While the transition had its challenges, Seckinger said there have been many upsides to leaving the bench.
“The work–life balance has been wonderful,” she said. “Unlike in graduate school, where I felt like I was constantly working, even at home, I really appreciate that when the workday ends here, work is done for the day. You have so much more ownership of your time and schedule.”
She said there are definitely busy times, but she hasn’t been expected to work around the clock, which was a huge relief after the pressures of graduate school. Another unexpected difference from graduate school was how she was treated when she started.
“People take you seriously,” she said. “As a graduate student, people can often treat you like a child, but here they immediately treated me as a colleague and a professional. The accountability and ownership has been surprising and refreshing.”
Career advice for regulatory affairs jobs
If you think (or know) you’re interested in regulatory affairs jobs in industry, Seckinger had some advice for how you can make the transition. There are specific degrees or programs that focus on regulatory affairs, but, if going back to school isn’t in the cards for you, there are plenty of other options.
Seckinger suggested looking at professional organizations that have certificate programs or continuing-education programs that could help you gain exposure and training. There’s also an examination you can take to become a sanctioned regulatory affairs official; it's called the Regulatory Affairs Certification (RAC) exam.
But, if you want to avoid the formal education route entirely, experience will be your best bet. And Seckinger says that most often means starting at the bottom as an intern, regardless of how much bench experience you have.
“Interning is how you orient yourself with the landscape of the field and learn about regulatory intelligence, how to craft your argument, and other skills critical for the job,” she said.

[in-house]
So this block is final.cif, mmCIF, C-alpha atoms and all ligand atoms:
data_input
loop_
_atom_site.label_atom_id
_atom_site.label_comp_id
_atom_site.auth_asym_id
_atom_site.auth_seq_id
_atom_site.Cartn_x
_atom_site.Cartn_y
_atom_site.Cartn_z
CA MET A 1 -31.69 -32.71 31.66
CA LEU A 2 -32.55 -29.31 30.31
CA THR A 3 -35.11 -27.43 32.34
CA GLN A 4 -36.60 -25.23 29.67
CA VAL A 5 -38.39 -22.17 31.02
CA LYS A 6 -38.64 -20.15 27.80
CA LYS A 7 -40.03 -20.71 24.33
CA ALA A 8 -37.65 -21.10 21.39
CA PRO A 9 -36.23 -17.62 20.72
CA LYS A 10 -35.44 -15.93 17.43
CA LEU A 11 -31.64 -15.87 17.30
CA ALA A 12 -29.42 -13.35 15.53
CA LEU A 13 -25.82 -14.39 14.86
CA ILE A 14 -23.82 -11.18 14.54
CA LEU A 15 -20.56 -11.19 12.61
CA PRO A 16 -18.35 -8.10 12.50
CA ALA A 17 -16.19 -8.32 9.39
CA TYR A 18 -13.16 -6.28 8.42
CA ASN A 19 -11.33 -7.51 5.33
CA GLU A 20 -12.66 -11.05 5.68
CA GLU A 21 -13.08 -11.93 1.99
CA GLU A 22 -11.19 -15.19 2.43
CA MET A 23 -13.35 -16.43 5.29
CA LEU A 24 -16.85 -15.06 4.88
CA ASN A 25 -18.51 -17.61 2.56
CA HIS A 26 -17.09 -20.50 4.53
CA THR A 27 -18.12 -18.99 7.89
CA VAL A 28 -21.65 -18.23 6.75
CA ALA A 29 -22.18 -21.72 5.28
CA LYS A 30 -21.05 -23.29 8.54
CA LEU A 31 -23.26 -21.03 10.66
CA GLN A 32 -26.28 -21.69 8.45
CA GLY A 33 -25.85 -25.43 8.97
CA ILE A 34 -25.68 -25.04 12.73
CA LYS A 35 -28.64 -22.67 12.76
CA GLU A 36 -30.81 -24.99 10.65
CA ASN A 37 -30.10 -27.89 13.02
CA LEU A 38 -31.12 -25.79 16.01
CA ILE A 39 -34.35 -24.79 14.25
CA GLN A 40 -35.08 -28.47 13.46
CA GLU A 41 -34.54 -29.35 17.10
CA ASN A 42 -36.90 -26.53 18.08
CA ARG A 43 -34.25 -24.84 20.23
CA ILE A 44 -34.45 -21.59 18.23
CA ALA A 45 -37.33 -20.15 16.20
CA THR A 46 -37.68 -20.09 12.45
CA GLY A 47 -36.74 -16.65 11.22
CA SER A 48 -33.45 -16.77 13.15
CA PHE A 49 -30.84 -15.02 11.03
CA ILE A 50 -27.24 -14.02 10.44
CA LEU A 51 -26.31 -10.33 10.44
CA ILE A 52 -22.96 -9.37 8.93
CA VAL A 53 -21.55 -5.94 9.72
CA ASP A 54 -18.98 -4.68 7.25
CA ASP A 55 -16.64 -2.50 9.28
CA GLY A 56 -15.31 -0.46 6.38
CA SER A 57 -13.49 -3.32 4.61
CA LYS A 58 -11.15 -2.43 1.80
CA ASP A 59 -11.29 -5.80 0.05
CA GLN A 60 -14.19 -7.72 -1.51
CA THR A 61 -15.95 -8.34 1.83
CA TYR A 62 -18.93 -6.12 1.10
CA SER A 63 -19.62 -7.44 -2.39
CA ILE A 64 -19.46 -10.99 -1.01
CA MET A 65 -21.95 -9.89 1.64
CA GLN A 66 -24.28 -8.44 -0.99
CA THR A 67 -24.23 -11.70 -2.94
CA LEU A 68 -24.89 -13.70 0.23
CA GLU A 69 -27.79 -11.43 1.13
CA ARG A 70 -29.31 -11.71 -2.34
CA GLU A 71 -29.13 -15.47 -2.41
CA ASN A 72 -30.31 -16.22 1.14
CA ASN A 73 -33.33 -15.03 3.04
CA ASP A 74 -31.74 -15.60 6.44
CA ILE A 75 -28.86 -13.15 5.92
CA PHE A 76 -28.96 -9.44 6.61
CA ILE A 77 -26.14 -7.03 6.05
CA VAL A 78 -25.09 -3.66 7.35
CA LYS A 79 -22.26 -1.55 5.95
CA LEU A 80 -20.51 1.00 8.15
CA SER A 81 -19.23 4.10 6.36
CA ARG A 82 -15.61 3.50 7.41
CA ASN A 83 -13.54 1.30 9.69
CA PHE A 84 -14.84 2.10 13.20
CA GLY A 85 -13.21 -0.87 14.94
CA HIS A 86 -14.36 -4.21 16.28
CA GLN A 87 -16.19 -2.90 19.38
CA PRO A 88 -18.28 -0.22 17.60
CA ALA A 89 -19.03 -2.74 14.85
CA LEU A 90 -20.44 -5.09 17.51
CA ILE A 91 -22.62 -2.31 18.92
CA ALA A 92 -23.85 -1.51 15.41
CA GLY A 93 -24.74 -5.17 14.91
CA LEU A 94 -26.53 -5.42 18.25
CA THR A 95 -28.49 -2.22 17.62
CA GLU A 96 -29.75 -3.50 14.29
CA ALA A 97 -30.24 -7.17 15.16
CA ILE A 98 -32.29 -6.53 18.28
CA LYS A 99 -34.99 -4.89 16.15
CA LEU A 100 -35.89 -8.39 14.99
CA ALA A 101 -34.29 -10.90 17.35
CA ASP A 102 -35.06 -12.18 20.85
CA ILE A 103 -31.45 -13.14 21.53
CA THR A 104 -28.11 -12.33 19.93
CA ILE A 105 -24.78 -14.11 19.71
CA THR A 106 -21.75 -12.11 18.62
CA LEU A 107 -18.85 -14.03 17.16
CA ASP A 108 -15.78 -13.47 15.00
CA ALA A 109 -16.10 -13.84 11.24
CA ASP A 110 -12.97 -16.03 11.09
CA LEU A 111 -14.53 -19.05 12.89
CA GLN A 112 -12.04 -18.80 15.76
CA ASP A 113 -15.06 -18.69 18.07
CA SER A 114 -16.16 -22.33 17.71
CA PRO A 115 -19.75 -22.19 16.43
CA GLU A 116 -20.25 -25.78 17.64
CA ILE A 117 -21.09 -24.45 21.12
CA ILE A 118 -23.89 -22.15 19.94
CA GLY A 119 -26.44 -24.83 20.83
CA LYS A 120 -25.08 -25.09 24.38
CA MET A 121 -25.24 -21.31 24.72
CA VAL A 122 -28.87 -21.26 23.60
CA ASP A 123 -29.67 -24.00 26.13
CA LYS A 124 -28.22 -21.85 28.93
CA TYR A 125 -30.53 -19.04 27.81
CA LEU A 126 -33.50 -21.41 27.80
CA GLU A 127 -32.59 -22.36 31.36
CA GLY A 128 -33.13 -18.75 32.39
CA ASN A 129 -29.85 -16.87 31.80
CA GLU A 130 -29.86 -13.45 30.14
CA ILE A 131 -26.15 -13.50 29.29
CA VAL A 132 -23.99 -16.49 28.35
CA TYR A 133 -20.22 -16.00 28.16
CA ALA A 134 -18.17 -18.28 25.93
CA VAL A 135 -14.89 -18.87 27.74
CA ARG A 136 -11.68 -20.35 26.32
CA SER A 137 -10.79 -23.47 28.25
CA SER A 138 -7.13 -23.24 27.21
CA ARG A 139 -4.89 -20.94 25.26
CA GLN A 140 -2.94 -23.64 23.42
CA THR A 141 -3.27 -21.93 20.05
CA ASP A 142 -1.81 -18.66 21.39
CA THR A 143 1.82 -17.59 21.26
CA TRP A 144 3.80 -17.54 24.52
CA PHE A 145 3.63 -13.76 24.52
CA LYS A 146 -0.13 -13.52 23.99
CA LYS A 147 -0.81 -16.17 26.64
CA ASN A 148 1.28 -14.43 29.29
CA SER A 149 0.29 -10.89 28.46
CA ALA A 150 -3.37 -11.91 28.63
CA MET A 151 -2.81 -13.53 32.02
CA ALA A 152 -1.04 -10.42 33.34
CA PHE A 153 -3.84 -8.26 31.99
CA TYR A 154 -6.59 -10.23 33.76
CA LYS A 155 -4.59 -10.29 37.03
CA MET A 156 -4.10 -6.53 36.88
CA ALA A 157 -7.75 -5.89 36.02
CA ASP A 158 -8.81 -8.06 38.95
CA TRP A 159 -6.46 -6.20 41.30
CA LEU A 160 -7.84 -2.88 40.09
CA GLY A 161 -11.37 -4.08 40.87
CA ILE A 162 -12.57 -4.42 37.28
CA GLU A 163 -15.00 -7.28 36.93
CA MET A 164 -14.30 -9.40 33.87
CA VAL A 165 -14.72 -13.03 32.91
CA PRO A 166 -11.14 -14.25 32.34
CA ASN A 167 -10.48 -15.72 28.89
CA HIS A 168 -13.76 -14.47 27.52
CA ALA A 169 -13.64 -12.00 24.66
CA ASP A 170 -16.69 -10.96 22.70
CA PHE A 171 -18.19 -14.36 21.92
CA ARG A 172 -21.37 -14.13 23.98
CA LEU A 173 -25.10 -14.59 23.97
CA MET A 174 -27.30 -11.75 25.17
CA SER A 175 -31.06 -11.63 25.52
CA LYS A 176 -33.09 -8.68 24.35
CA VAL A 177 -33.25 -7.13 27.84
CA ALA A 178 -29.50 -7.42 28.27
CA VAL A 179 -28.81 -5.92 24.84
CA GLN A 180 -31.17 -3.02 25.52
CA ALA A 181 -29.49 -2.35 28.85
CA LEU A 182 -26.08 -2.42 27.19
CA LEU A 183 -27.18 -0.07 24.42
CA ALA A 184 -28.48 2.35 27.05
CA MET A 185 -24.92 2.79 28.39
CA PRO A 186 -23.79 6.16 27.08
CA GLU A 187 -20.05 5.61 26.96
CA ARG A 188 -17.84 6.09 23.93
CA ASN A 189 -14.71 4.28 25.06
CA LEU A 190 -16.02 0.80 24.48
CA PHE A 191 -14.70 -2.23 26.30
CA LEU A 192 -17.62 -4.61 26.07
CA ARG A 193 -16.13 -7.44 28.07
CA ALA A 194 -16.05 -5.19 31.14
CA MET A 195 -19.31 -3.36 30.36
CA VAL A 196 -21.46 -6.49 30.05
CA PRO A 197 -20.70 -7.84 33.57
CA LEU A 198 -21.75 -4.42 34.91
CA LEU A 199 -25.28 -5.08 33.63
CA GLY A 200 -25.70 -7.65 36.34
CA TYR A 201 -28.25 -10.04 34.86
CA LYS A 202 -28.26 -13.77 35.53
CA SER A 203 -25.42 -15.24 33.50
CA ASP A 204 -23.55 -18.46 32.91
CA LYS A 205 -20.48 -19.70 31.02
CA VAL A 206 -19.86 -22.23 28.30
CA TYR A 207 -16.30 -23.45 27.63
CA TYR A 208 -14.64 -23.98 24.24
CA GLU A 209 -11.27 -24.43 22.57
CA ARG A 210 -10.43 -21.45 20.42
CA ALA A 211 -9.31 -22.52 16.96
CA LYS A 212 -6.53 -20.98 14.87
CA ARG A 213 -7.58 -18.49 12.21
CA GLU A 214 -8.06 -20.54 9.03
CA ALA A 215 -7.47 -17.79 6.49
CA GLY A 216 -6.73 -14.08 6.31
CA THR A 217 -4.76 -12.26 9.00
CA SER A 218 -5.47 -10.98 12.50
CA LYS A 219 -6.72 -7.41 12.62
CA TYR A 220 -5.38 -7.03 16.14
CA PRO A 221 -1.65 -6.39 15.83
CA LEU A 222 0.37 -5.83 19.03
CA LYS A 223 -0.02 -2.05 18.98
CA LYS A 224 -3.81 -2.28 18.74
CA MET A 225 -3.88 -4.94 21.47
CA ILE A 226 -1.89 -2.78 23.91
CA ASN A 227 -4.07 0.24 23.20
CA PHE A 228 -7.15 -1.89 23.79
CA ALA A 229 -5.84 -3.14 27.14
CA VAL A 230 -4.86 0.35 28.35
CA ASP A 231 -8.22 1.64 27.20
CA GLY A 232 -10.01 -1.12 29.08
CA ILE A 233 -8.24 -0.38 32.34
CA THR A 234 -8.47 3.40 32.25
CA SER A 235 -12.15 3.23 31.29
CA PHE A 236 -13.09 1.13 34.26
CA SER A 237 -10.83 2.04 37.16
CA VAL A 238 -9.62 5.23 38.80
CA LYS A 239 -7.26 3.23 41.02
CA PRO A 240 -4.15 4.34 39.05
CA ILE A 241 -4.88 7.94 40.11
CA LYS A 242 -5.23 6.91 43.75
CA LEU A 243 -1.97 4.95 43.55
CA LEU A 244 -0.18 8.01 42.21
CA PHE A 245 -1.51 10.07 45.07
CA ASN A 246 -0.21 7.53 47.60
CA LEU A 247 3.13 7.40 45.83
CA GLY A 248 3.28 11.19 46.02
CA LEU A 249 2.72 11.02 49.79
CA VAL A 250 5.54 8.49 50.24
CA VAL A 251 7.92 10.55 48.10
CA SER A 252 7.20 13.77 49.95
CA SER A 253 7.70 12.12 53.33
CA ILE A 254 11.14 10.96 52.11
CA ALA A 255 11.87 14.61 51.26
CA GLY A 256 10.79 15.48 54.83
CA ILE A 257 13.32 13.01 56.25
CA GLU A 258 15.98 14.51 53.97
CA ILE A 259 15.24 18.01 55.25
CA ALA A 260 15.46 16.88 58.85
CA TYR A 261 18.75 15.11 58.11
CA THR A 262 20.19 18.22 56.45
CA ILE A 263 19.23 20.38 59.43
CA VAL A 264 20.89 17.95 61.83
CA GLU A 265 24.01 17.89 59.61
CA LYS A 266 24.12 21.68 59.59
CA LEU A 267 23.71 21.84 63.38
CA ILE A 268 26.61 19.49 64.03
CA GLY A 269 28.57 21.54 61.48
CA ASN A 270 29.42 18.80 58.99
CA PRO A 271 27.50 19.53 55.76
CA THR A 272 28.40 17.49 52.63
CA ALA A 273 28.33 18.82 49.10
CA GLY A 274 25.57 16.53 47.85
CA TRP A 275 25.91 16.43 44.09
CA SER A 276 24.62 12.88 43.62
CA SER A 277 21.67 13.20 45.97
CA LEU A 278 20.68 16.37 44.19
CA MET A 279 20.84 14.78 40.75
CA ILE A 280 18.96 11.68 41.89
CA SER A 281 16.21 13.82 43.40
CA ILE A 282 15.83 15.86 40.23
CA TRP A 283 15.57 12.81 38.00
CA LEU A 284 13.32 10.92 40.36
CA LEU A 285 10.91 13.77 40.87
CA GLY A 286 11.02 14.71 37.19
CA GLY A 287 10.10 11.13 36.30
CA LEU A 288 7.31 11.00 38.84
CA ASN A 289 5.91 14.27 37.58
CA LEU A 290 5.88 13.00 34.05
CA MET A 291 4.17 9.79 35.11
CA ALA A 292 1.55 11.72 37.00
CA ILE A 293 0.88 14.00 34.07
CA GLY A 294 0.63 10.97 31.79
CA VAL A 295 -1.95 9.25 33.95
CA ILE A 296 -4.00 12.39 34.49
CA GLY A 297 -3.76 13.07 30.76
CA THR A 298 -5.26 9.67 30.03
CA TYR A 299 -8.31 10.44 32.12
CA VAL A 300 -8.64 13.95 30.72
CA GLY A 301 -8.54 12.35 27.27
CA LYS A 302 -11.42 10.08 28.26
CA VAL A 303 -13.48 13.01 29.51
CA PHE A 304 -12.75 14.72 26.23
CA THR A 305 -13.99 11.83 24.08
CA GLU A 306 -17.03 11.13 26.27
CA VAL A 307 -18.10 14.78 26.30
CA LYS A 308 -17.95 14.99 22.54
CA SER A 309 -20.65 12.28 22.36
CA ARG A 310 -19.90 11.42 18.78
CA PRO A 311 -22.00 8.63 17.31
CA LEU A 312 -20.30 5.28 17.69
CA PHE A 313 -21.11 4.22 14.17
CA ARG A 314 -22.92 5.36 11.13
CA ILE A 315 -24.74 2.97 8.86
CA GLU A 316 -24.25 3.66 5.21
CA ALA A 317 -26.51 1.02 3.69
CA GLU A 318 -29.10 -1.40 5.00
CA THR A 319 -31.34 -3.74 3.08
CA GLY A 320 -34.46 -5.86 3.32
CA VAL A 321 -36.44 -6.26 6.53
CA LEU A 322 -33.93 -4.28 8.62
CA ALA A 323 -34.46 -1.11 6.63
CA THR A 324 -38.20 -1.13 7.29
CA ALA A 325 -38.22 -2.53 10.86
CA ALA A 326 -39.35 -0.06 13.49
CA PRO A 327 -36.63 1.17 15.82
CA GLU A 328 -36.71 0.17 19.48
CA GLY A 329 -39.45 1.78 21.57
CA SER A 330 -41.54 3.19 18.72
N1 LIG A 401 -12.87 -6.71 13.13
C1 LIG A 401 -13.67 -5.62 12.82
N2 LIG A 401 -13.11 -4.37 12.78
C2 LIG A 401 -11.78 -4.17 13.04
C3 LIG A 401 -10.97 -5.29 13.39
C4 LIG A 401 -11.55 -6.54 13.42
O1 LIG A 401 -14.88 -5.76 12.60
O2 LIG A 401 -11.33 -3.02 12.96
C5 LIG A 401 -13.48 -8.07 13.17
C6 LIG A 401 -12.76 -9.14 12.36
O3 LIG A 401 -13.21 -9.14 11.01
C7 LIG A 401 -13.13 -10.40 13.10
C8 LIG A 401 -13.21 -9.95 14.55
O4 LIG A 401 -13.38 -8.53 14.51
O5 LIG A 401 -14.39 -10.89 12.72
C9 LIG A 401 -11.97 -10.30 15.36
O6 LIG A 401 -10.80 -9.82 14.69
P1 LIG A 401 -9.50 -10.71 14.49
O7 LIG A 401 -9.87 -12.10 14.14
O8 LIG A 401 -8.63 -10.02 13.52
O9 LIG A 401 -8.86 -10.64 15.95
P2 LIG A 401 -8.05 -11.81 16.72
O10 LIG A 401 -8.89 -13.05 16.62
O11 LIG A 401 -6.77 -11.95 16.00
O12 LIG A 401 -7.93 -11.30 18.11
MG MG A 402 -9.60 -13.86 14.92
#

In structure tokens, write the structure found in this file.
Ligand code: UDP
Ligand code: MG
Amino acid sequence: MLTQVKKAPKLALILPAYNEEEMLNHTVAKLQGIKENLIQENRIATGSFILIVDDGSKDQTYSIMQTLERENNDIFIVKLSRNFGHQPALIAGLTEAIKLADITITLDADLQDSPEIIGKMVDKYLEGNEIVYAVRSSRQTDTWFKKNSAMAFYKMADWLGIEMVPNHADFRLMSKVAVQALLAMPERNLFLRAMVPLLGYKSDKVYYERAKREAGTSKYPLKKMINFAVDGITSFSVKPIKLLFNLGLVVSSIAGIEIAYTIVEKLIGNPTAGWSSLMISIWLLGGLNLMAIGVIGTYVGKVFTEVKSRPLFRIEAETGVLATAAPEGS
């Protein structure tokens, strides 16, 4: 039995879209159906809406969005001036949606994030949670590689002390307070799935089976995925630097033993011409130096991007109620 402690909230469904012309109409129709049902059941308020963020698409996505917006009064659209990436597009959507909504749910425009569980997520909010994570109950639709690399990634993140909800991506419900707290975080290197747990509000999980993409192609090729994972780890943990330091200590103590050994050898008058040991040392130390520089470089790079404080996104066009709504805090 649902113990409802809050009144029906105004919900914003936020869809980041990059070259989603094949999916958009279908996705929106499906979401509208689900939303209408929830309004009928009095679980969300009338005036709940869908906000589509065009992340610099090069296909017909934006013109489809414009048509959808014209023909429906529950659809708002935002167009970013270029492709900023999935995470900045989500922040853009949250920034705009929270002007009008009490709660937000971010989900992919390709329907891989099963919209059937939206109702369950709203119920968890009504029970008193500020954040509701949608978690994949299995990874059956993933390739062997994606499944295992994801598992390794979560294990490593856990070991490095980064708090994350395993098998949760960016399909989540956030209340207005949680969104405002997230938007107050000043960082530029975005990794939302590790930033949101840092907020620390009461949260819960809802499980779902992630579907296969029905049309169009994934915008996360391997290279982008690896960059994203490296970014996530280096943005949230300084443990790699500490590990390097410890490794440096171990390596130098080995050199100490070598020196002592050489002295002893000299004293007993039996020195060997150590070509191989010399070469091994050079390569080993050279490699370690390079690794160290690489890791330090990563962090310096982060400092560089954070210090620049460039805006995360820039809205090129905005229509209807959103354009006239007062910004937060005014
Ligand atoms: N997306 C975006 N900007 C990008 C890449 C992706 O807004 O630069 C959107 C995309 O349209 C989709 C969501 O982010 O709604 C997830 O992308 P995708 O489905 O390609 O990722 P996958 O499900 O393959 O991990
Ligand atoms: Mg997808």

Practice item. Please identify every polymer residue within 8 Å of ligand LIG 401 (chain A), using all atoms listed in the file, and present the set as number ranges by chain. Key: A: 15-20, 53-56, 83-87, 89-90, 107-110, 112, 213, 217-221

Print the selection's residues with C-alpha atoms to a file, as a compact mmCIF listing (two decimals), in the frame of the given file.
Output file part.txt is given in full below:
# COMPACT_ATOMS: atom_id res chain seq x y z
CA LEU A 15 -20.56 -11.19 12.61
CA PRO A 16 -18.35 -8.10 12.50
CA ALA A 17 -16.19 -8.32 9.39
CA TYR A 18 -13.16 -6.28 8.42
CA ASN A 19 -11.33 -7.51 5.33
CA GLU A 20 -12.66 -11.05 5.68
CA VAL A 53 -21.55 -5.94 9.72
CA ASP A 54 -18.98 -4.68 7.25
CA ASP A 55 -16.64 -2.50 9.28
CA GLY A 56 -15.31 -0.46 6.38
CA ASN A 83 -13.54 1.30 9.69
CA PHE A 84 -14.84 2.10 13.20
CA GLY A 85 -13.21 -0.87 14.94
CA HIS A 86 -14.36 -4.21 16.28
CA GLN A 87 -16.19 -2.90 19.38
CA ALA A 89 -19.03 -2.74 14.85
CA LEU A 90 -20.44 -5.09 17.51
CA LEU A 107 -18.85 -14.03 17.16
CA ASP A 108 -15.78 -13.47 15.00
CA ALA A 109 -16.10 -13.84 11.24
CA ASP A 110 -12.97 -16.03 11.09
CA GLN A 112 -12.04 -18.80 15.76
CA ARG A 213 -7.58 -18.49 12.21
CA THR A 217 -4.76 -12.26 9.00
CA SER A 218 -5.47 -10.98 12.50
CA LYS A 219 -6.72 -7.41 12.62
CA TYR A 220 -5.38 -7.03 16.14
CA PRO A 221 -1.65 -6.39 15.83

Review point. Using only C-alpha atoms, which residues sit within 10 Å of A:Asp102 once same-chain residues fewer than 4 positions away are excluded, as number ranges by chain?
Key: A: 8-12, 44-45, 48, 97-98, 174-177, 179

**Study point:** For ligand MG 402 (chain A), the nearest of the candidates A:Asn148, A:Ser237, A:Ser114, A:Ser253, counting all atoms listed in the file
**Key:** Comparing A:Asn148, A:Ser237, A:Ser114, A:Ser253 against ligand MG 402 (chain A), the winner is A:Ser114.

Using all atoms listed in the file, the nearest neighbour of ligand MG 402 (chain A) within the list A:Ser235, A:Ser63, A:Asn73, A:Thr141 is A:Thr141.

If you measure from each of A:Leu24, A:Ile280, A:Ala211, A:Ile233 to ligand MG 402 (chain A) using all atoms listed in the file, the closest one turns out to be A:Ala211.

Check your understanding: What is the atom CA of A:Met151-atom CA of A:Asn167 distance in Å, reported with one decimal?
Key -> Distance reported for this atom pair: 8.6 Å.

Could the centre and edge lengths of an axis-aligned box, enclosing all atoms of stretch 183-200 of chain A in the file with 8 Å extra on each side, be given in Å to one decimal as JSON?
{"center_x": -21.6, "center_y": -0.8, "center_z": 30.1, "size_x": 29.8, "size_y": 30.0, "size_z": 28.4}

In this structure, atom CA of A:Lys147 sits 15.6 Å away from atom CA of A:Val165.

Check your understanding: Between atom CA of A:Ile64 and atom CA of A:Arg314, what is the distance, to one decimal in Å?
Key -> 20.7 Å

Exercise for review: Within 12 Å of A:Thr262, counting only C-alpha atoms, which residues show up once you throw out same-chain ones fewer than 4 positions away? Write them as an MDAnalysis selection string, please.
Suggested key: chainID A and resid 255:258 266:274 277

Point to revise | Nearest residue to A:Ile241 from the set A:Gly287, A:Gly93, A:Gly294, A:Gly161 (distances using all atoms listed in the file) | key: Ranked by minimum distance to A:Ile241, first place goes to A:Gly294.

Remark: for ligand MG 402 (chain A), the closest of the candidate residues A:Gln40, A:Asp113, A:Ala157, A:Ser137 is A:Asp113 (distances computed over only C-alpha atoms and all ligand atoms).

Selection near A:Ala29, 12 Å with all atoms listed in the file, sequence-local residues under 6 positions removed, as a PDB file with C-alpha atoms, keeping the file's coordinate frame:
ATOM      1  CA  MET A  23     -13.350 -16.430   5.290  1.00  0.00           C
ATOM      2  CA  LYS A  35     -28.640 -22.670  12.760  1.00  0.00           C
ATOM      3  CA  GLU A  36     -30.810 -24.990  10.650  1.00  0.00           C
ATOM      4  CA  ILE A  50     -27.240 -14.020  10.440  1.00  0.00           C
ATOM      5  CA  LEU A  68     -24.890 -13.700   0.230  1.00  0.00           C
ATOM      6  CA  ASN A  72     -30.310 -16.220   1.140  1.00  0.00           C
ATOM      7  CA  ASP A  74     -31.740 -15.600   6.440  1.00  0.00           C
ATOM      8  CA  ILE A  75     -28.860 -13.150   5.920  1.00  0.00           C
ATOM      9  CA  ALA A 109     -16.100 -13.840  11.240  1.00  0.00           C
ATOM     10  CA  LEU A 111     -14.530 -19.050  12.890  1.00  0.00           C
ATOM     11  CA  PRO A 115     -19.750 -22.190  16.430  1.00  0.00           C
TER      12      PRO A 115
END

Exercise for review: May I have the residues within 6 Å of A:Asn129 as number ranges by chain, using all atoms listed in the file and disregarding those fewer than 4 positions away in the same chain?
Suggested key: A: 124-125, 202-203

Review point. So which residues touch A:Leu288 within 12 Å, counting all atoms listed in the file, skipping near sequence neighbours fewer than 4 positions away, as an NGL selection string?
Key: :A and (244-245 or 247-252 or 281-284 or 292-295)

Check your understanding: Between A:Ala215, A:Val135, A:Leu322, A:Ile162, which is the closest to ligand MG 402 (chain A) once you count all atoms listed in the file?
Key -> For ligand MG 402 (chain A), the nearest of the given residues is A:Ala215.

You might be able to start slightly higher if you have experience in a tangential field, such as clinical trials or medical writing, but if you’re fresh out of graduate school, the best place to start looking is at the intern level.
Timing graduation and your job search may not always be easy, so, if you end up looking for a postdoctoral or other research position to tide you over, you can still prepare yourself for a future career in regulatory affairs. Seckinger suggested looking for investigators with relationships with pharma or biotech companies or looking into a clinical or human subject research position.
“Try to be strategic about where that research position can lead you to and what connections you can make while there,” she said.
If you do happen to land an internship, the good news is that most internships are paid, and, once you land a full-time job, the salary only goes up. Seckinger said that, in the San Francisco Bay area, entry-level salaries start at $70,000 and can go up to $100,000. This salary will, of course, vary across the country and with the size of the company, but they are considerably higher than those of most entry level postdocs positions.
Beyond the salary, Seckinger said, it’s the work itself that drew her in and is what she enjoys the most.
“I just love my job and don’t regret leaving the bench at all,” she said.